Aviation

Air New Zealand to extend international fare flexibility, as it preps for government-backed capital raise

Air New Zealand will extend fare flexibility for customers booked to travel on its international services and for those who currently have fares in credit.

Effective from Wednesday 17 February 2021, customers who hold an existing credit with the airline will now have until 30 June 2022 to make a new booking using their credit, and until 30 June 2023 to take the travel. This applies to both domestic and international credits.

Customers who book or currently hold tickets for international flights scheduled to depart up until 11:59pm on 30 June 2021 will now be able to either hold the value of their fare in credit for rebooking until 30 June 2022, or amend the date of their flight with change fees waived.

Air NZ’s chief customer and sales officer, Leanne Geraghty, said the extension of the policy means customers can rest assured their credit will remain valid for longer as circumstances continue to change.

“We’ve seen many of our customers using their credits already, and we’re hopeful Tasman and Pacific travel will be up and running over the coming months,” she said.

“For those wanting to go further afield, we recognise this may take longer, which is why we’ve extended the window for opting into credit, as well as the length of time people have to use that credit.”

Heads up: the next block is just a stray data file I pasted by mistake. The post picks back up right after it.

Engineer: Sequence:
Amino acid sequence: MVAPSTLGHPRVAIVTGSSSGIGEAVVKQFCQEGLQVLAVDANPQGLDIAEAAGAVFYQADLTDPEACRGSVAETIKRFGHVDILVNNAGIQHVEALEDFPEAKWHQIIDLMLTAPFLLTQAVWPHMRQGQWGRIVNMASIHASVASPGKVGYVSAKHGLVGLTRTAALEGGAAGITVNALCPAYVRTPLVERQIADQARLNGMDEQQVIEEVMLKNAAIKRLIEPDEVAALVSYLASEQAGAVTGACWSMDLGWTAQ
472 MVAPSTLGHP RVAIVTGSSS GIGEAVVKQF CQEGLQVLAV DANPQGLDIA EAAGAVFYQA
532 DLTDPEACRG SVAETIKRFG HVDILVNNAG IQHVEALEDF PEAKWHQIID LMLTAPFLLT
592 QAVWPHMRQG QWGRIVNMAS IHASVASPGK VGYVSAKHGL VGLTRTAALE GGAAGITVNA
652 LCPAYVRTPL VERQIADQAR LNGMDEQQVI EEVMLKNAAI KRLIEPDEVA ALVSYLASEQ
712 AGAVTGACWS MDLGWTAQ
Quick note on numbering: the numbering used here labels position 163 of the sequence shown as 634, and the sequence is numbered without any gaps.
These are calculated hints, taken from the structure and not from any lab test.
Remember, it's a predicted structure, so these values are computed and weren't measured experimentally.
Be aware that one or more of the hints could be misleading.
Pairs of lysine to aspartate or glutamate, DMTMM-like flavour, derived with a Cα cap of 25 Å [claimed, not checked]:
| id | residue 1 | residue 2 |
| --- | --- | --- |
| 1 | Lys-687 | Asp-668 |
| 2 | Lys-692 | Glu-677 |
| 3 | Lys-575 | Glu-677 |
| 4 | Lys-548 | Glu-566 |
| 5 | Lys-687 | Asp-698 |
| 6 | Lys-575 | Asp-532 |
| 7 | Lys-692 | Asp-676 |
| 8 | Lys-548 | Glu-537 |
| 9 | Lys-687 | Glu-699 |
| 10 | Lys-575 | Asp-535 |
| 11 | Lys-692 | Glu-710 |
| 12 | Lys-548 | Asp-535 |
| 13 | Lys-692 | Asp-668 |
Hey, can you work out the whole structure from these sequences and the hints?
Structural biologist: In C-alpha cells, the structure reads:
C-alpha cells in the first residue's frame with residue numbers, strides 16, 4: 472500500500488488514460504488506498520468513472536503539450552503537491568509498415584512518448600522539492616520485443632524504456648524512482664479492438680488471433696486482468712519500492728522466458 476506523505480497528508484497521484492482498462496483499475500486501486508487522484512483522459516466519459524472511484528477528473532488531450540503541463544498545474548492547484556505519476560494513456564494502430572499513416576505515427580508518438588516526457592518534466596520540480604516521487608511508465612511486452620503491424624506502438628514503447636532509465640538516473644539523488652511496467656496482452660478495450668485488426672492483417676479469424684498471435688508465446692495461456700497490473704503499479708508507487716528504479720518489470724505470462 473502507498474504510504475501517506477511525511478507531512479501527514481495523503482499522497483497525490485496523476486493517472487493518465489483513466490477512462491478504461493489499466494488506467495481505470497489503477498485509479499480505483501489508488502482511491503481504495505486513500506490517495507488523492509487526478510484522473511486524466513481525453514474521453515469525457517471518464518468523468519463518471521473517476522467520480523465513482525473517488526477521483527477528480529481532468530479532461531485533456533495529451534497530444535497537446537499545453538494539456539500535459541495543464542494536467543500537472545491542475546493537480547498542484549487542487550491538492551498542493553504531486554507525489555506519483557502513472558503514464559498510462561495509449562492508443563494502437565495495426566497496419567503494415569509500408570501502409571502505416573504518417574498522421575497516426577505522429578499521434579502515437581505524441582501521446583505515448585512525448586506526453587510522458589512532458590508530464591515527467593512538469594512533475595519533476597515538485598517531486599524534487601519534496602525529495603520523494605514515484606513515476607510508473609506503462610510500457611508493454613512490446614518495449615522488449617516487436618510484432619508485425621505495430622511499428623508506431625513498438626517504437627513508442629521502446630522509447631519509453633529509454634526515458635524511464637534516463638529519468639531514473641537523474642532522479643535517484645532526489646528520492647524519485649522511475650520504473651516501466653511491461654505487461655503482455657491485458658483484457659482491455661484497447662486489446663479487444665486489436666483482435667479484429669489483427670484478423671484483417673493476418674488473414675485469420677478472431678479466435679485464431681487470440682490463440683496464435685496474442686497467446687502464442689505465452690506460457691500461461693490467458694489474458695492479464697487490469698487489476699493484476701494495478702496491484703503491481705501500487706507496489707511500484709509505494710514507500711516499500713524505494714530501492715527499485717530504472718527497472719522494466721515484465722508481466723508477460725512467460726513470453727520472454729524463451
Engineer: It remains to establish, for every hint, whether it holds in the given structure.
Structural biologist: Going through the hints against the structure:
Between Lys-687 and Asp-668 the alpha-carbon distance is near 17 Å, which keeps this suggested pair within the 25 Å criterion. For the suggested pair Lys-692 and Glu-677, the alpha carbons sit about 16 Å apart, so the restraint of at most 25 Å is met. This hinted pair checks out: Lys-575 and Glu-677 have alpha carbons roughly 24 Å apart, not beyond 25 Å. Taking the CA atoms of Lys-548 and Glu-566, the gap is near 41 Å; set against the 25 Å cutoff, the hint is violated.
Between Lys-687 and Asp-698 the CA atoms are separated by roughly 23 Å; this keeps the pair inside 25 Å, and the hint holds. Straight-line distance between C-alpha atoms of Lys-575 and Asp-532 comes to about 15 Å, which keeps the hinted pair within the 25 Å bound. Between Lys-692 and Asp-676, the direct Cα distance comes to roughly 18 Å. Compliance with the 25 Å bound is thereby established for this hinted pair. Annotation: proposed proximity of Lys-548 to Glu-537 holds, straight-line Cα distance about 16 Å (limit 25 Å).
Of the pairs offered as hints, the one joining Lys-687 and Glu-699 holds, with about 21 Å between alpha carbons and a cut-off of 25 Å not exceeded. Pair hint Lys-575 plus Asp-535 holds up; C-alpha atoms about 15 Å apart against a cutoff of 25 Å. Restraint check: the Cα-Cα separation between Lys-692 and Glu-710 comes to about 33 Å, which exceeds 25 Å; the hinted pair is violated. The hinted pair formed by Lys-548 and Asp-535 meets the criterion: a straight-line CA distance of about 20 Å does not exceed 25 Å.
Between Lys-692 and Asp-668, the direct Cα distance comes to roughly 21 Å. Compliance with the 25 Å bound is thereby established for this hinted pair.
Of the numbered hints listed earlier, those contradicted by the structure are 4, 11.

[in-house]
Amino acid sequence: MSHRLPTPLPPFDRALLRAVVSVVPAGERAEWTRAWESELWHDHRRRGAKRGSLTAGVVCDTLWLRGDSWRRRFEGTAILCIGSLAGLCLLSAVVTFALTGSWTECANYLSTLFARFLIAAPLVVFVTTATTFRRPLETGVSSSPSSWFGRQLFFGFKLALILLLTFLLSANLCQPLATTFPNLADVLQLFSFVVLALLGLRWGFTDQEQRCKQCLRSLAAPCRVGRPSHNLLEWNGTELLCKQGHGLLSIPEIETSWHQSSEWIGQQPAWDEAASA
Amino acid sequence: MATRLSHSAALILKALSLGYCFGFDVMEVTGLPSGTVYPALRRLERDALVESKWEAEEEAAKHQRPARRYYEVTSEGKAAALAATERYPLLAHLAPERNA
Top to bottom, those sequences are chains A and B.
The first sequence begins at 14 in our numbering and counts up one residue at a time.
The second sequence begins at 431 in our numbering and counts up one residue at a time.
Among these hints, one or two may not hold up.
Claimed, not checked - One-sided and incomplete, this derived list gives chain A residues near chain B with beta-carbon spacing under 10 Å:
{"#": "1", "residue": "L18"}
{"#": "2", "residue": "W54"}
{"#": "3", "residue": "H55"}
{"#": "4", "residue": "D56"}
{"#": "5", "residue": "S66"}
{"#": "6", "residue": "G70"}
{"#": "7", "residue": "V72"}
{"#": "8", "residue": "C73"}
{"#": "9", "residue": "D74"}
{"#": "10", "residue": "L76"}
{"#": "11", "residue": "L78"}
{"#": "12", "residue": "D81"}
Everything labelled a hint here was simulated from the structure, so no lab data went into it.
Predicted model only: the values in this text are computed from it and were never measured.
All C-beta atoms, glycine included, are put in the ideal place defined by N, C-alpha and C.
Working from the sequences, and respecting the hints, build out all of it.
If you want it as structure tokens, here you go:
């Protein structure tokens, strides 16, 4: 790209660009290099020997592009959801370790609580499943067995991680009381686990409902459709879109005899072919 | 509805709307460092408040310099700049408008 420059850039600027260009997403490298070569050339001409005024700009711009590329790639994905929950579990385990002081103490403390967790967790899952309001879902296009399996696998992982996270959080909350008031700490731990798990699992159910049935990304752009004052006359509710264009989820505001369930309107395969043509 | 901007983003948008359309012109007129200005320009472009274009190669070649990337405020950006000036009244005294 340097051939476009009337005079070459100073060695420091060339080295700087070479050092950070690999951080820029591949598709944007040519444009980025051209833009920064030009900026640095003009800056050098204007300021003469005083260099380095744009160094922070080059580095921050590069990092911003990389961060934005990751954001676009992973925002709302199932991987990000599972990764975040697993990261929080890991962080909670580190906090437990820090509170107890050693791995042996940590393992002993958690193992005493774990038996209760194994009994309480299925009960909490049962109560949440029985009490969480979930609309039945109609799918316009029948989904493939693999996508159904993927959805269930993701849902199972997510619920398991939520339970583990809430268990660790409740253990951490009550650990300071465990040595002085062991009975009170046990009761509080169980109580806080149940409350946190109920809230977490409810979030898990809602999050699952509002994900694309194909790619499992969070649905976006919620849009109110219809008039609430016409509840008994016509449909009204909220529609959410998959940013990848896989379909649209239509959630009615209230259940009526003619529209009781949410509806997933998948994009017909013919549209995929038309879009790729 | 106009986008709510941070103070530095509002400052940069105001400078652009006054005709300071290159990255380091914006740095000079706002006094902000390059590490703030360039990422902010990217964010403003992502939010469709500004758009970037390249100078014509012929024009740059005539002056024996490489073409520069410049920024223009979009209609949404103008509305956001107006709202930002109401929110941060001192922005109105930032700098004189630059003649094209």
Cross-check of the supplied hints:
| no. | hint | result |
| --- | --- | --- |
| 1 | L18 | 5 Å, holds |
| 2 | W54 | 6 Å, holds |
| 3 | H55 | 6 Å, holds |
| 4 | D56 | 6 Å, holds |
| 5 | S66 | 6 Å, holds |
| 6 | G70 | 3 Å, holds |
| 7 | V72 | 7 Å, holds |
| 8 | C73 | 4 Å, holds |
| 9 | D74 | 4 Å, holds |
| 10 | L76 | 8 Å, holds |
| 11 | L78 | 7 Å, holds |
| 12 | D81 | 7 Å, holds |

The changes come as Air New Zealand prepares to complete an equity capital raise before 30 June 2021, which is being supported by the New Zealand government.

In a letter to Air New Zealand chair Dame Therese Walsh, New Zealand’s Minister of Finance, Grant Robinson, confirmed the government’s “longstanding commitment” to maintaining a majority shareholding in the airline, “given the critical role that the airline has in New Zealand’s economy and society”.

“Subject to Cabinet being satisfied with the terms of the company’s proposed equity capital raise, the Crown would participate in that capital raise in order to maintain a majority shareholding.”


Featured image source: iStock/naruedom

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